After being fascinated by the pixel-centric demake art of Junkboy, I tracked down a bit more of his work and was surprised that he does a lot more than 8-bit pastiches of modern games. Giving his first name as Markus, the Swedish artist answered my question about his origins, process and thoughts on retro vs. modern games. Read on to learn about the Stockholm resident whose art fuses the video game medium’s past and present.
Can you walk us through your CV? School, how your artistic career got started etc.?
I’m self-taught, never had any formal art training. I’ve had this vague idea of wanting to work with video game graphics ever since I was a kid. I remember being especially blown away by the animated cut-scenes in “Full Throttle” back in middle school. I think everything I drew or did since then was somehow to facilitate this dream of becoming the guy who drew all those awesome 2D graphics I’d seen, not only in Full Throttle, but in games like “Metal Slug” and “King of Fighters”.
Of course, once I grew up 2D games barely existed anymore, so what to do with a 12-year-old skillset? Just pretend like it’s 1993 all over again.
How did you start drawing for Level Magazine?
Thomas Wiborgh, one of the editors and founders of Level, stumbled upon me somewhere online a couple of years back and asked if I wanted to draw some stuff for them. Having been an avid reader of theirs for years, it didn’t take much convincing.
What’s your process like? Do you get assignments requesting specific games or can you choose which game you feel like de-making?
We usually have a theme outlined for each issue, based on current trends or the type of games that are being released that month. So with that in mind me and the chief editor pick a game we think would make sense to “demake” in that context, or “premake” as we actually call it in the mag. After that I’m overcome by the magnitude of the task at hand, after which I wallow in self-pity and procrastinate up until a few hours before deadline.
Do you start with a screenshot for inspiration? Do you play a bit of every game you create a de-make of?
I try to sample a bit of everything. Playing the game is of course essential just to figure out what the key mechanics are and the core gameplay is, so you can try to work that into the piece somehow. Screenshots, especially promotional ones, are interesting because they usually highlight the things the developer or publisher wants to show off.
What kind of hardware are you using?
Nothing fancy really. An old PC with one foot in the grave, a couple of 24″ monitors and a Wacom tablet. To actually make the graphics, I tend to fiddle around in Photoshop and a program called GraphicsGale. I used to make pixel graphics with a mouse, but after much ridicule by some former colleagues of mine I switched to the Wacom and now I can’t imagine ever going back.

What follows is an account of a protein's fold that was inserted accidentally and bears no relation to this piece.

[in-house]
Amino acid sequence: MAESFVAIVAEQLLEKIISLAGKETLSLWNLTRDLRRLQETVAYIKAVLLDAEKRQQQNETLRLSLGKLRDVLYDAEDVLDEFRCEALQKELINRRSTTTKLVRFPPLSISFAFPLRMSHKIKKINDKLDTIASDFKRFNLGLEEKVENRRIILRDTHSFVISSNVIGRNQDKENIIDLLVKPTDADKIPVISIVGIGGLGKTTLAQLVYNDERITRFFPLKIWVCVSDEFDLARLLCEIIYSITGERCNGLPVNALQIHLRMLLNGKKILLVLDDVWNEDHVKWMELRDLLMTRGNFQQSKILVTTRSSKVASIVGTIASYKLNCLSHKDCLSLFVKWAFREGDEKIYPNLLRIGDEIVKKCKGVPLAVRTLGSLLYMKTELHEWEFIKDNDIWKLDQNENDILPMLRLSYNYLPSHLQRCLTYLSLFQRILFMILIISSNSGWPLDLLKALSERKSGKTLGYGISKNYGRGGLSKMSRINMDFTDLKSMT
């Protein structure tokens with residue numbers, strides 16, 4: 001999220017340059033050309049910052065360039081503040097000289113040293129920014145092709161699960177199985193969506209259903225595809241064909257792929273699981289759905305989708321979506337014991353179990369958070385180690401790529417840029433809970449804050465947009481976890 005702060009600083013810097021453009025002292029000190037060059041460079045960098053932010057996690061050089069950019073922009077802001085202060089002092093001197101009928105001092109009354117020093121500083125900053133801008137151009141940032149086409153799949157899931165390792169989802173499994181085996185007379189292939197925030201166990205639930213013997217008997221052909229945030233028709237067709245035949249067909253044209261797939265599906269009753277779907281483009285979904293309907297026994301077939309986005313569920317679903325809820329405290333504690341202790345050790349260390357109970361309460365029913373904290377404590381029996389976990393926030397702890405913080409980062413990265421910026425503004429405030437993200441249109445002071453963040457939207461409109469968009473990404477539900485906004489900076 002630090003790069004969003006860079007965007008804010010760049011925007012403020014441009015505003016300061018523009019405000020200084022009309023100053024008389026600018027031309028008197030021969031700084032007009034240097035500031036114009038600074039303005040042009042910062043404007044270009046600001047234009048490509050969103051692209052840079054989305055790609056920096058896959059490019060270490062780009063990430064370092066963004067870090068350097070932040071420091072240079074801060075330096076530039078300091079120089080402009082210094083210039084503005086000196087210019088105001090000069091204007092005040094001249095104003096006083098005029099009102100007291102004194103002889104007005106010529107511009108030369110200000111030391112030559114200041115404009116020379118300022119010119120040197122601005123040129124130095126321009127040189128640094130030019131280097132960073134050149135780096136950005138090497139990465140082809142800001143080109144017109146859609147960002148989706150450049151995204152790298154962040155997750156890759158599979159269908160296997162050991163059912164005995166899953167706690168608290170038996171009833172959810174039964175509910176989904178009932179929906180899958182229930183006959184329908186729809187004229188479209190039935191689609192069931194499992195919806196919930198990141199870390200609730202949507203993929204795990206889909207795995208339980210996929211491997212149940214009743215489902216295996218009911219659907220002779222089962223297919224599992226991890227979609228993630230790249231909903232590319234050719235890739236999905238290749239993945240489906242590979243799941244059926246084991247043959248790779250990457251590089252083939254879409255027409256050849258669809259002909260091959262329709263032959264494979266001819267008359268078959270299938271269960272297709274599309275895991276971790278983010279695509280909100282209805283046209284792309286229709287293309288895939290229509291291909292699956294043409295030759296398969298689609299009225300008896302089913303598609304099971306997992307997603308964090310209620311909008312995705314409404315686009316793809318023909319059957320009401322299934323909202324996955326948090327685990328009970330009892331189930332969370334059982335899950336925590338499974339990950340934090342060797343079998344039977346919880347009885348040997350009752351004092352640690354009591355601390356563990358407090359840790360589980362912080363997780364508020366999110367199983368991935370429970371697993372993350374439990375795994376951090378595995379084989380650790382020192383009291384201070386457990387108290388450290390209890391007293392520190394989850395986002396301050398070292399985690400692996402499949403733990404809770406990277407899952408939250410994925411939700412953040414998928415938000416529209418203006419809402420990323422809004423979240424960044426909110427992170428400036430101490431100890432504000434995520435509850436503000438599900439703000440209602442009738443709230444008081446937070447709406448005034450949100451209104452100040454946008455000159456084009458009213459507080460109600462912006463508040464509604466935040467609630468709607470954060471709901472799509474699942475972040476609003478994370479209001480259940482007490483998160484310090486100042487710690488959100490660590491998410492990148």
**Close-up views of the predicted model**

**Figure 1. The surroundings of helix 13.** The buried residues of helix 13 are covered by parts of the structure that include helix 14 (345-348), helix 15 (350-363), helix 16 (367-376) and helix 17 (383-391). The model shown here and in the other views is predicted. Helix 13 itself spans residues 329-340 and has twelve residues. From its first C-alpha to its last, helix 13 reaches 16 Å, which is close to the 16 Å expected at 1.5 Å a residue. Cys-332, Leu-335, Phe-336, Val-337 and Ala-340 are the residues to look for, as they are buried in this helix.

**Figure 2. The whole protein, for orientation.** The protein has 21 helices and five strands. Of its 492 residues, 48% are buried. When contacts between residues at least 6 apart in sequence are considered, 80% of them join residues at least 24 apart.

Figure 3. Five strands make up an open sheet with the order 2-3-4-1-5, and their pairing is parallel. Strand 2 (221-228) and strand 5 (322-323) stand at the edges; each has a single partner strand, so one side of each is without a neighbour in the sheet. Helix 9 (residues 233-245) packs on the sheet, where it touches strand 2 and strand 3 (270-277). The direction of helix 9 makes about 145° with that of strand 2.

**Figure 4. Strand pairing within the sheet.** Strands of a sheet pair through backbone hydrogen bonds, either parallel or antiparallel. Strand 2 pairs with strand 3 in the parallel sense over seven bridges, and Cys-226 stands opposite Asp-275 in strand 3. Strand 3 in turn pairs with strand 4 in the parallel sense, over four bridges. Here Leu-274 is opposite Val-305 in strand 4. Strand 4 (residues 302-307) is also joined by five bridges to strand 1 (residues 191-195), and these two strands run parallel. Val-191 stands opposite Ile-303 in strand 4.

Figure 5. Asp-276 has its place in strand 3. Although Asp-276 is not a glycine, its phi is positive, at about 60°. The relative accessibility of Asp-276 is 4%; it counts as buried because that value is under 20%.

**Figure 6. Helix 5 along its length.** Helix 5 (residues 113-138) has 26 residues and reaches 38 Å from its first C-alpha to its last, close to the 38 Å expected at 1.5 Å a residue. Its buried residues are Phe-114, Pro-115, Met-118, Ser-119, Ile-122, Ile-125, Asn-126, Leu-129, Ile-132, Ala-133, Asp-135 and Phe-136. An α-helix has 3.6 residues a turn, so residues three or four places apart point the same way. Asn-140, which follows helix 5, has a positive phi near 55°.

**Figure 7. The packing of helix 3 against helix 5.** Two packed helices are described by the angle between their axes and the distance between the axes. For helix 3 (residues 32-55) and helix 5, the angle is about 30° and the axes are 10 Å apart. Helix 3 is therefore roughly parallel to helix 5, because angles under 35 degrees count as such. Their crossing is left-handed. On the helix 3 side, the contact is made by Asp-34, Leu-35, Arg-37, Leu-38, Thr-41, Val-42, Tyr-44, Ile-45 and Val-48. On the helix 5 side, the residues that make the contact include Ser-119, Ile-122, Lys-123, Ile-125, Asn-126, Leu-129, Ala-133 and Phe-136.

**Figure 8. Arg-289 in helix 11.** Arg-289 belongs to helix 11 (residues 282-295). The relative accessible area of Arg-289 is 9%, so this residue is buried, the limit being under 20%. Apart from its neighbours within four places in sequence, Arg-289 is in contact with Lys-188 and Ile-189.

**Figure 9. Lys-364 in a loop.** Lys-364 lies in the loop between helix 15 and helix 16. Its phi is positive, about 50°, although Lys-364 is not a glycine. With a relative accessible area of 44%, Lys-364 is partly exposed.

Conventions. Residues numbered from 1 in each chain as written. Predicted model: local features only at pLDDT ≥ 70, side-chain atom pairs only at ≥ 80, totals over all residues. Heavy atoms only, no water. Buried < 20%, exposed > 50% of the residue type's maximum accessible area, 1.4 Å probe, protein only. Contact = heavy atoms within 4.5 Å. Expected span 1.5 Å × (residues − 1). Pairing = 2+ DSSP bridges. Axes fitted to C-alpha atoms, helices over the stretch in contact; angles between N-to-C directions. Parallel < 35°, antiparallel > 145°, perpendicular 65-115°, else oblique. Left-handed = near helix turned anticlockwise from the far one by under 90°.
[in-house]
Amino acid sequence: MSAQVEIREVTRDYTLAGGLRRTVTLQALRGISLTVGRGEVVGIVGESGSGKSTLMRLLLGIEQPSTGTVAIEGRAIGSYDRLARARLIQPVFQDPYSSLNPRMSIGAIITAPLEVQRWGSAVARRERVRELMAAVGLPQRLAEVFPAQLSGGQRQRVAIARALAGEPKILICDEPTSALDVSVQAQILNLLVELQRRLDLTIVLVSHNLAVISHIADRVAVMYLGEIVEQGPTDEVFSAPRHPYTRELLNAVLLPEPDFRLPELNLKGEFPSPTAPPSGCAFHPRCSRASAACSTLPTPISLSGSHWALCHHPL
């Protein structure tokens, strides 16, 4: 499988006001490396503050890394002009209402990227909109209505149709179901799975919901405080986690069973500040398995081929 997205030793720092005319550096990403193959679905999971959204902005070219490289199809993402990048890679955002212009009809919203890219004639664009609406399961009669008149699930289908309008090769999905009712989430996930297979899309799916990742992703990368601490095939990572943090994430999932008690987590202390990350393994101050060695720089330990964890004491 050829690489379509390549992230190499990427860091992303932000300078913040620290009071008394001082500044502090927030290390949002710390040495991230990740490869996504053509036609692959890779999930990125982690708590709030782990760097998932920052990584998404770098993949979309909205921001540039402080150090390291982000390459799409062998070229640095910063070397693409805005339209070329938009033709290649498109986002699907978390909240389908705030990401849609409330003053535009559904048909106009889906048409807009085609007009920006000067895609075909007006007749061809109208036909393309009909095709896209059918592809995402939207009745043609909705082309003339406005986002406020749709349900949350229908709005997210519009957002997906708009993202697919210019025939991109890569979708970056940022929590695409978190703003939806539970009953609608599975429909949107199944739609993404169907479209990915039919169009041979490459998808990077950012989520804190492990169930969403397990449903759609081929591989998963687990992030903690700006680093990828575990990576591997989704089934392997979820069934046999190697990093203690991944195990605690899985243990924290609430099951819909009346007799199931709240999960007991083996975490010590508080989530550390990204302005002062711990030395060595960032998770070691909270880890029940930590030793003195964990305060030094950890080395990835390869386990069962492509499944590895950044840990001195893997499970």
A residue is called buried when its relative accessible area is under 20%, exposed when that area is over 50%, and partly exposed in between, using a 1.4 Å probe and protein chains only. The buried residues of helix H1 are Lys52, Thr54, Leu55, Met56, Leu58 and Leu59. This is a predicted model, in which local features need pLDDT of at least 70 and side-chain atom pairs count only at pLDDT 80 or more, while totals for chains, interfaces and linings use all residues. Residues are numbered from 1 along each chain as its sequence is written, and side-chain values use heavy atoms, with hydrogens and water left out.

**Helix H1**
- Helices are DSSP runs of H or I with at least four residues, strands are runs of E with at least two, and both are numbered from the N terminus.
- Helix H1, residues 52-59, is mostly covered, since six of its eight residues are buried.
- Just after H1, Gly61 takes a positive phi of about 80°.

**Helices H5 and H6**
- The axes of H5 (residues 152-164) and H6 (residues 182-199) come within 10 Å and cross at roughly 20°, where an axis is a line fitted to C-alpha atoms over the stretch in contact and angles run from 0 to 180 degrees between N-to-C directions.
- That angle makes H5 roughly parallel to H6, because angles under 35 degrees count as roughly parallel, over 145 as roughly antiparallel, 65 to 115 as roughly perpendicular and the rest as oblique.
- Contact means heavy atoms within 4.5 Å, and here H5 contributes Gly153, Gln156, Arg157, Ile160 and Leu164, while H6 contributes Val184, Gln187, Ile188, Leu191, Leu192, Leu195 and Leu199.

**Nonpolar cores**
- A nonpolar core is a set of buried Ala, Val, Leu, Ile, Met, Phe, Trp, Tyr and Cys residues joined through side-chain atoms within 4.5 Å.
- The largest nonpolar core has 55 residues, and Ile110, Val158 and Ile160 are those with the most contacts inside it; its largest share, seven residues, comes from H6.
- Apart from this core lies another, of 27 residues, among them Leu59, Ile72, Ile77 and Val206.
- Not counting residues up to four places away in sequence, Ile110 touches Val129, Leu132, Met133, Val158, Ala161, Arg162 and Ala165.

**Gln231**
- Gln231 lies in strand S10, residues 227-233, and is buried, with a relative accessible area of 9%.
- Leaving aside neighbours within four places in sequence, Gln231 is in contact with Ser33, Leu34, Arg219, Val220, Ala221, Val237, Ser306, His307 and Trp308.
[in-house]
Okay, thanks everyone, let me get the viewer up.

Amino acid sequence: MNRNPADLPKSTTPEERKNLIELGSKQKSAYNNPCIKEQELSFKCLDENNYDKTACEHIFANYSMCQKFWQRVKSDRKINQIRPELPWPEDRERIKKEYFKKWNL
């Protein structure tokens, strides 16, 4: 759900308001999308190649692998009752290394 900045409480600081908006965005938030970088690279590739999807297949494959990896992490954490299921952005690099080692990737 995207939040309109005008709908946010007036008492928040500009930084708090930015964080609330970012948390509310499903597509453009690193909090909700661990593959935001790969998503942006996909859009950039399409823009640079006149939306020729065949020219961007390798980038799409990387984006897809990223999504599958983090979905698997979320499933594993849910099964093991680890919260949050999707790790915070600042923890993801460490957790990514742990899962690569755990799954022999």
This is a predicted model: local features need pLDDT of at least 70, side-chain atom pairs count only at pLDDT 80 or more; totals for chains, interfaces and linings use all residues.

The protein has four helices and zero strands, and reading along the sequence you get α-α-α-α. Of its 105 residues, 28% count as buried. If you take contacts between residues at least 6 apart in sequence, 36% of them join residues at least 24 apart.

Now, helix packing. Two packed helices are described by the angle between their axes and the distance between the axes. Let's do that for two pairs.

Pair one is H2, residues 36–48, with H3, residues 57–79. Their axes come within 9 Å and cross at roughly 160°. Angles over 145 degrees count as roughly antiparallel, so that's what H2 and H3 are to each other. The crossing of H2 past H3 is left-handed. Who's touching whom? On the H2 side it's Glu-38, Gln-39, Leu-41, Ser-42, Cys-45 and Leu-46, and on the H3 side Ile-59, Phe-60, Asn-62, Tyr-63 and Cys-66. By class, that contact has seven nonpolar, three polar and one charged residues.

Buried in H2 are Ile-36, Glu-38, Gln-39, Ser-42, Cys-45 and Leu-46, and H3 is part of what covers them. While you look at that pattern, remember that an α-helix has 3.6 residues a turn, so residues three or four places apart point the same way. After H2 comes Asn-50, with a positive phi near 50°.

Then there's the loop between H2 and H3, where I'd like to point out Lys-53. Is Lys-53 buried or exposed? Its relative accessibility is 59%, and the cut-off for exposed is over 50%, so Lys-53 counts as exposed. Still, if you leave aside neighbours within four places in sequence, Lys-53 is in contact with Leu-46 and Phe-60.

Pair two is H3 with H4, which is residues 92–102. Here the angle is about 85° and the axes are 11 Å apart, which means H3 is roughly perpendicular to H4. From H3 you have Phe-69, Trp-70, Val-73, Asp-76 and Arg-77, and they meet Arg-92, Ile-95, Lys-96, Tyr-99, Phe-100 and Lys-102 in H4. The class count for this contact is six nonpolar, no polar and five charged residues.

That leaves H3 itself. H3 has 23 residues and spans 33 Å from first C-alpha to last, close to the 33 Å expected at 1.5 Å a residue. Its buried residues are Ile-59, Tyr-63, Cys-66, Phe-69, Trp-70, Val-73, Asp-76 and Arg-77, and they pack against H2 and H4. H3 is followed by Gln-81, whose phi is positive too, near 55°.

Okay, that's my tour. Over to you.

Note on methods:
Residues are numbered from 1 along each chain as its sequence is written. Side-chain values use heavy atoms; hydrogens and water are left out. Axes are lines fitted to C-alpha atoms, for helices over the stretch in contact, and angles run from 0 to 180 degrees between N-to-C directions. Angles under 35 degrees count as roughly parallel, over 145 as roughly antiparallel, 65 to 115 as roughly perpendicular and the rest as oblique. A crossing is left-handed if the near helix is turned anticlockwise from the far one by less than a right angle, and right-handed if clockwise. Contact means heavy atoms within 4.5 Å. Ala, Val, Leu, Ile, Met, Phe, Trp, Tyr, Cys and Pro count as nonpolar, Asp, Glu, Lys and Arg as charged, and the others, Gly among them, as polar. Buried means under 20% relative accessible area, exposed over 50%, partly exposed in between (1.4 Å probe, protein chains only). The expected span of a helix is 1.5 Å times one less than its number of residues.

What do you think is behind the love that retro games have been experiencing? Do you agree with the belief that people had more fun with old-school games than they do with new ones?
I don’t necessarily believe that old-school games are objectively more fun than modern ones, but I do believe that gamers who grew up with the games that had three continues, relentless difficulty and a complete lack of casual social gaming elements, yearn for more of the stuff that made them fall in love with games to begin with. It’s a good thing that developers and publishers have started to figure that out; I just hope gamers put their money where their mouths are.
What element of each game did you focus on to create the demakes?
The single most important thing for me, mainly for my own amusement to be honest, is to try and put the game in a certain historic context. When I did the “Resident Evil 5” one for example, it seemed to me that the characters, setting and strong focus on action and gunplay directly paralleled the late 80s, early 90s trend of sweaty, muscle-bound top-down shoot ’em ups. Capcom had of course their own excellent entry in that genre, “MERCS”, so I based the demake on that.
Are the pieces intentionally kind of opaque? Are you building them as puzzles for the players’ eye to figure out?
I have to admit that there’s very little conscious thought that go into the compositions and such. Usually, I’ll just arrange the image elements until they look alright to me, going by my gut and that questionable experience which comes from having played video games for the majority of one’s life, which coincidentally is directly related to the size of one’s gut.
I showed your work to an acquaintance and the first thing he wanted to know was whether they were playable. Which of the demakes would you want turned into a game? And why?
I love explosions, hot pink bullets and racking up a big score, so my answer would have to be “Bayonetta”. In fact, if SEGA gives me a big bag of money I would happily make the demake a reality. An autographed copy of “Outrun 2” would also do. Or a bag of Cheetos.